FORT SUMTER NATIONAL MONUMENT, S.C. (AP) -- Historians say Charleston and Fort Sumter have been bombarded more than any other place in the Western Hemisphere. And it's evident because several shells from Union guns are still lodged in the walls of the fort where the Civil War began.
This month, the Clemson University Restoration Institute worked to conserve the shells where they are. That's because removing them would damage both the shells and the fragile masonry around them.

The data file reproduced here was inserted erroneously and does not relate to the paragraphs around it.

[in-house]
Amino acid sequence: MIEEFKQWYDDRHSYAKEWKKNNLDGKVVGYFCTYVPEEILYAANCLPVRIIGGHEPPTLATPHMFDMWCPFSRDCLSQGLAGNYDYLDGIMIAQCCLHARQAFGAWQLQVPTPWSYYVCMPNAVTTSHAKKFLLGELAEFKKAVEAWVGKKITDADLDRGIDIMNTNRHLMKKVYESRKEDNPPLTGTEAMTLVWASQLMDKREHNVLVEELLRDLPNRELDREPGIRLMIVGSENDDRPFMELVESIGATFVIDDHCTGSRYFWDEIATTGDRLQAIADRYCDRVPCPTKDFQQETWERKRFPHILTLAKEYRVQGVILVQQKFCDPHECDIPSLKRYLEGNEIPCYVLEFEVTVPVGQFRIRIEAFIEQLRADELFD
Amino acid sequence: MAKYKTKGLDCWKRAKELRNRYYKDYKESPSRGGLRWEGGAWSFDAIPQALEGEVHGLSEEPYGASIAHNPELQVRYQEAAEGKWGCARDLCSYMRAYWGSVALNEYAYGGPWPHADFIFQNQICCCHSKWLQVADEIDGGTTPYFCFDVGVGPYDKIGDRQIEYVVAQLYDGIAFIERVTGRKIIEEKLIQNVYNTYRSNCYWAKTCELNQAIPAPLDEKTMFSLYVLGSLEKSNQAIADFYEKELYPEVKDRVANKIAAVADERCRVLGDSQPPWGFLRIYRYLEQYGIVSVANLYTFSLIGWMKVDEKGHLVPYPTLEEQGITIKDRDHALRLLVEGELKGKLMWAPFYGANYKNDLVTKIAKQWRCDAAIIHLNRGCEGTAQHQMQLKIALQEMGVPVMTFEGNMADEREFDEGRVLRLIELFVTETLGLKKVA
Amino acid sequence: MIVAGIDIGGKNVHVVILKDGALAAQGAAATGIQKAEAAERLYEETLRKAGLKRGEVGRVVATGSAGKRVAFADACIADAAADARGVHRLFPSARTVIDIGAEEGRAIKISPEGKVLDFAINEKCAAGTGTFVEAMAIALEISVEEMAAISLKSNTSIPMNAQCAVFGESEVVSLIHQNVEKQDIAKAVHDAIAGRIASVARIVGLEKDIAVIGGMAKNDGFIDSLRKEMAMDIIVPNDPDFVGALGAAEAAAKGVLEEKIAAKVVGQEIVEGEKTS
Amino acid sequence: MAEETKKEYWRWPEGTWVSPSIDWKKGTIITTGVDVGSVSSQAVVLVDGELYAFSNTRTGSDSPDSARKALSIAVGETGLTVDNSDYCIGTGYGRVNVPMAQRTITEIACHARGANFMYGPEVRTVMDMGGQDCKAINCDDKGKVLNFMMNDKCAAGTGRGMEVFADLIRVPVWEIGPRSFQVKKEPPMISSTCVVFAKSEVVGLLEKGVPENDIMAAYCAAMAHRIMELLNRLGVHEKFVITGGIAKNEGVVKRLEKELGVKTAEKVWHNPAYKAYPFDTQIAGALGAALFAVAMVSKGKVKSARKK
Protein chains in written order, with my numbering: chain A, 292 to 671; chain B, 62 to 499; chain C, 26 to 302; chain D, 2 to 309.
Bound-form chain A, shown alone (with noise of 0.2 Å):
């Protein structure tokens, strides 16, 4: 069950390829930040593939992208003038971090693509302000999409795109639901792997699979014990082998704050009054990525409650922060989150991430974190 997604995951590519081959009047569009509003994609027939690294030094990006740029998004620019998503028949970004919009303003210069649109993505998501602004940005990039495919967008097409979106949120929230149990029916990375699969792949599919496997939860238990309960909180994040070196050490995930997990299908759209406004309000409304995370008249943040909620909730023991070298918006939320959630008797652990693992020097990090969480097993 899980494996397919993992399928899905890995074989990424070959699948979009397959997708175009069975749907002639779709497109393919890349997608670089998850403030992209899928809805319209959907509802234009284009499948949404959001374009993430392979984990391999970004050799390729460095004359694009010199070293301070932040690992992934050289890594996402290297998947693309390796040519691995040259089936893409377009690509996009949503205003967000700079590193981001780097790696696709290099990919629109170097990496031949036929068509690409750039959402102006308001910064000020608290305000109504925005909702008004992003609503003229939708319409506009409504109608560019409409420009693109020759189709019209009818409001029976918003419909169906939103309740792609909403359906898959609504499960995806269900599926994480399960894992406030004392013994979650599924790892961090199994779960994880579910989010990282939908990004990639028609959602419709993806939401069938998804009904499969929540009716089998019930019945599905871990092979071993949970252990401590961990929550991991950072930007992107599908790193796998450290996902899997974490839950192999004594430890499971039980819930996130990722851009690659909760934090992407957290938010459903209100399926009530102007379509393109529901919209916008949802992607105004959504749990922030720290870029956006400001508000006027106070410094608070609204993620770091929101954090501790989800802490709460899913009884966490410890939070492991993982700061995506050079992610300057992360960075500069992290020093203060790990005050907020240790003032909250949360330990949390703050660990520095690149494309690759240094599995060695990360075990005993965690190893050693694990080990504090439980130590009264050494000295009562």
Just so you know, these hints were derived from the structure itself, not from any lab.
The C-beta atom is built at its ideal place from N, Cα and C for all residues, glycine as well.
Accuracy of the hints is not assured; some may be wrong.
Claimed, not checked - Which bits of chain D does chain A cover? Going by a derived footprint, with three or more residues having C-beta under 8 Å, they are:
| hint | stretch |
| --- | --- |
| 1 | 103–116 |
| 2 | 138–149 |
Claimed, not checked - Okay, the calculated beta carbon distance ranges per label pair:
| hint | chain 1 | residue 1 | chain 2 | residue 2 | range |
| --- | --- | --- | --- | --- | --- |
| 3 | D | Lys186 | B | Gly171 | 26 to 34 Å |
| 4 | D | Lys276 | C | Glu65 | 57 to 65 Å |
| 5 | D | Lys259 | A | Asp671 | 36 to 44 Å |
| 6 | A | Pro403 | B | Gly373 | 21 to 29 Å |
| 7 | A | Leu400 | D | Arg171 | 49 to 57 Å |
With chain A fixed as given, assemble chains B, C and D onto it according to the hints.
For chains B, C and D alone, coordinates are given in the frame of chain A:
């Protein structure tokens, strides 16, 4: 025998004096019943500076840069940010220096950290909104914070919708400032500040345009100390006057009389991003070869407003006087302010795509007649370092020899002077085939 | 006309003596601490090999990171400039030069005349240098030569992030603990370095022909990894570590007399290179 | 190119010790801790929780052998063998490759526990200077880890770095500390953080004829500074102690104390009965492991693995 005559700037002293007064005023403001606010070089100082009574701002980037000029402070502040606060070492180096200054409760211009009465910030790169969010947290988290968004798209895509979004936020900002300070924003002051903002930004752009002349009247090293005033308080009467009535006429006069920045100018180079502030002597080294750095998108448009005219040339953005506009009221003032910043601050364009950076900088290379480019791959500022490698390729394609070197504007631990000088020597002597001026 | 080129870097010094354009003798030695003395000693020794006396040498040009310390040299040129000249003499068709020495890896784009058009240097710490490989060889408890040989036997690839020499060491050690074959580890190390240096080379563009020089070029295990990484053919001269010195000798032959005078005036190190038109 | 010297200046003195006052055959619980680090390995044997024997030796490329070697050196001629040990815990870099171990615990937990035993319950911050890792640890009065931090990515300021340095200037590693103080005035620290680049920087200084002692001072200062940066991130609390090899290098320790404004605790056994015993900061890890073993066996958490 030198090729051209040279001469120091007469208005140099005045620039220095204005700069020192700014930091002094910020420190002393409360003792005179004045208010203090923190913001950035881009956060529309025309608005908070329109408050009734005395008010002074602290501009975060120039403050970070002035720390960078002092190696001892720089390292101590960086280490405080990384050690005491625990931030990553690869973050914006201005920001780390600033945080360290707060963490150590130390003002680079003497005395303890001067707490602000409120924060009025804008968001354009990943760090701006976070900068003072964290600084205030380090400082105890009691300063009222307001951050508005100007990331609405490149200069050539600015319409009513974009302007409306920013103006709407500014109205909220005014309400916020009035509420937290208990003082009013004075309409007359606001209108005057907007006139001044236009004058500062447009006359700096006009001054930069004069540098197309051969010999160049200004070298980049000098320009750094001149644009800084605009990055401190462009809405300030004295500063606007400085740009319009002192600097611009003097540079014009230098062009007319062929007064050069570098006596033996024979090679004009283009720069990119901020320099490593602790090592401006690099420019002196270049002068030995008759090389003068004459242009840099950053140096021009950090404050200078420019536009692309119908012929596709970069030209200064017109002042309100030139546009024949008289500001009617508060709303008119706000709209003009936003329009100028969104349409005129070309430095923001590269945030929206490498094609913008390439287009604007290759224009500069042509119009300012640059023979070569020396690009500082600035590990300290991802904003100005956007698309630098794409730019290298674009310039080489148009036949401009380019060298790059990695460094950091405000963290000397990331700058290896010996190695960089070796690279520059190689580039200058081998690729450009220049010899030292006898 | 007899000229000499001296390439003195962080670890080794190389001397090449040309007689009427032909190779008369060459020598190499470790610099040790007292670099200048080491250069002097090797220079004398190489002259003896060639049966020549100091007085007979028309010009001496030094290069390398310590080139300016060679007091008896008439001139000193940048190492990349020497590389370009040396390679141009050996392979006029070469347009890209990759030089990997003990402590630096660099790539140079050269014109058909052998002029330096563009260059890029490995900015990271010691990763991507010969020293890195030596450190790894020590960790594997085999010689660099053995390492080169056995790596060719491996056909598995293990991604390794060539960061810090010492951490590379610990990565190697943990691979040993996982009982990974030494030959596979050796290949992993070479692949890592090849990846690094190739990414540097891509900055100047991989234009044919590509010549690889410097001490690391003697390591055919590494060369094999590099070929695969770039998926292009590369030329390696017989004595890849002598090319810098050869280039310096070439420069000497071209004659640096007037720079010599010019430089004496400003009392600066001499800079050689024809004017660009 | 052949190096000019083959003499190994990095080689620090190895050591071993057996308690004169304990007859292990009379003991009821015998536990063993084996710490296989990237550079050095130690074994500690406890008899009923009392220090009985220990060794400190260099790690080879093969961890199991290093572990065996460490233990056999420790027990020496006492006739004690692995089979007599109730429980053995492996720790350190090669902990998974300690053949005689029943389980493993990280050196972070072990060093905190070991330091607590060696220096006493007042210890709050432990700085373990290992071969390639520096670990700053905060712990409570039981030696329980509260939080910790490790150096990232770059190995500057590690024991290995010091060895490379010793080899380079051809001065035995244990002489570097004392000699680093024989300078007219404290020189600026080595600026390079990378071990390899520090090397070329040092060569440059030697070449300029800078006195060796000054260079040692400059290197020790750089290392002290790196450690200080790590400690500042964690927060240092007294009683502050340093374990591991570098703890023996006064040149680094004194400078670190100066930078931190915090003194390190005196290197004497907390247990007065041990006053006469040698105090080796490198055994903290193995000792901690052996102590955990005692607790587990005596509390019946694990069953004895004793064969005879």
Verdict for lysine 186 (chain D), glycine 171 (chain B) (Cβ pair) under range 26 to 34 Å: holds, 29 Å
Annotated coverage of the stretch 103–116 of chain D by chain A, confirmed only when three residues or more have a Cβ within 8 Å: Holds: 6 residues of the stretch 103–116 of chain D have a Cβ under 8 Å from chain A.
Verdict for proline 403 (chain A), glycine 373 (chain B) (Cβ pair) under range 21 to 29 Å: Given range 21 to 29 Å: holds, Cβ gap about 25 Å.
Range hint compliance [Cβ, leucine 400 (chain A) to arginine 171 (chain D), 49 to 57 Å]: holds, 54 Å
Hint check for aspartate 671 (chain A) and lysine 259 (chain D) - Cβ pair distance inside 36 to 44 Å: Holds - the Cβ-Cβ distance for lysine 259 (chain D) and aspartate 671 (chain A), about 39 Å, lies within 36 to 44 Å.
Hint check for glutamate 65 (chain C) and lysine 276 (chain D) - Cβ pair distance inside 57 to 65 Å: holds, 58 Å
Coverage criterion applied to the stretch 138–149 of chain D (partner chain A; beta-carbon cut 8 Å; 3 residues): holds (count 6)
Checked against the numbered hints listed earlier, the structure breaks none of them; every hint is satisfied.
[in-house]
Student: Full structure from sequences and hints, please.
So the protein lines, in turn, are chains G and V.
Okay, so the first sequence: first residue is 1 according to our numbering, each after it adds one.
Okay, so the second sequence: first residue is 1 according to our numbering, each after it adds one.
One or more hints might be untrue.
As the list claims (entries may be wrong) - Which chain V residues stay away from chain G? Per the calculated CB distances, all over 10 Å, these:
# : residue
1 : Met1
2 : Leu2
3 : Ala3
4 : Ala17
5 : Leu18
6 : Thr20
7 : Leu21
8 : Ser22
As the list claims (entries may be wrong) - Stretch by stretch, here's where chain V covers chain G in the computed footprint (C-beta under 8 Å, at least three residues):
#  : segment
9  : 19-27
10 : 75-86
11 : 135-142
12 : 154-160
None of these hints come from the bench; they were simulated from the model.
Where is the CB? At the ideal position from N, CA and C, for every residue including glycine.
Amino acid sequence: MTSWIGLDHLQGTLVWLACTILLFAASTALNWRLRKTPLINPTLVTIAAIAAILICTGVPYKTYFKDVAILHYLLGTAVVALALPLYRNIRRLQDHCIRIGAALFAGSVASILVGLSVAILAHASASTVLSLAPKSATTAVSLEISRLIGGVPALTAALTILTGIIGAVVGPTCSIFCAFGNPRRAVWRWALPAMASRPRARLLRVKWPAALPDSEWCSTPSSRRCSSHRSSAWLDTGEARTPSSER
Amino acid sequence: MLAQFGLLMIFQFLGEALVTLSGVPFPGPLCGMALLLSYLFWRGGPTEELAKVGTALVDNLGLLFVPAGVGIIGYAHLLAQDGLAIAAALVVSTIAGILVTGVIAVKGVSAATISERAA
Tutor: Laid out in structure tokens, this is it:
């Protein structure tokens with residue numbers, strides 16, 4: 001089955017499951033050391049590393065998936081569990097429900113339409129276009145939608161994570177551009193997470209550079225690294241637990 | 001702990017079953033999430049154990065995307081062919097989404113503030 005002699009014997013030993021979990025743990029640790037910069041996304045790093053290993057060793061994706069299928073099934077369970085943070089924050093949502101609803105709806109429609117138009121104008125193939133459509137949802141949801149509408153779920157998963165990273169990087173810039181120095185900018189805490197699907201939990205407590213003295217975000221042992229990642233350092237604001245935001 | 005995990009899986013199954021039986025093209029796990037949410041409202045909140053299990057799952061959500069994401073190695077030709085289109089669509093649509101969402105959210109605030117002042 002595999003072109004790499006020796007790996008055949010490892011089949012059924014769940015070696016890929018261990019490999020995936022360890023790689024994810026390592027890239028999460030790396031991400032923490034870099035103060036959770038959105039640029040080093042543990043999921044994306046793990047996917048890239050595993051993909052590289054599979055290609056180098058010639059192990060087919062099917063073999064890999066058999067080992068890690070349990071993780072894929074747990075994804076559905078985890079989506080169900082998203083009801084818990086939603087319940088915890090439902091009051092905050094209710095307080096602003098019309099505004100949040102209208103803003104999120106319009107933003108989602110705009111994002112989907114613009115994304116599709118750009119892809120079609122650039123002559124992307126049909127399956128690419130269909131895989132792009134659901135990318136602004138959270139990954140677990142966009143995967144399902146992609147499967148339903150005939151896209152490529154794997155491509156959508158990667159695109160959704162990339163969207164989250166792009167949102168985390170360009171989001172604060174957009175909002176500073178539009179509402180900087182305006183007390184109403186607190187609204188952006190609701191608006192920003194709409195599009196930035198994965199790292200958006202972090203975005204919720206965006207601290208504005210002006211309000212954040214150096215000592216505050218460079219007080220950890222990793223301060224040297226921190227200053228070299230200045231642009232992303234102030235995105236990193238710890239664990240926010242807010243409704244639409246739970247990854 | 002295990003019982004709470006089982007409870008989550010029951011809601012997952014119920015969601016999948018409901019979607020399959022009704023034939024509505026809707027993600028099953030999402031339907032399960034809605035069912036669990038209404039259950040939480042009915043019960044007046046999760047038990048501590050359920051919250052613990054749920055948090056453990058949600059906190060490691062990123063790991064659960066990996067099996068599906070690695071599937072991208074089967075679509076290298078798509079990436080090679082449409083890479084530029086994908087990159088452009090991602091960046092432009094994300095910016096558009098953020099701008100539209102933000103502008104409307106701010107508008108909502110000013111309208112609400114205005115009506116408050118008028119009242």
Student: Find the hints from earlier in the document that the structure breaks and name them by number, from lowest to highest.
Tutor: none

Scientists applied deionized water to help to remove salt that has gotten into the iron shells. Then they applied a substance to consolidate the shells so no more metal flakes off.
Rick Dorrance of the Fort Sumter National Monument says the work is being done under a $900,000 agreement between the National Park Service and Clemson.
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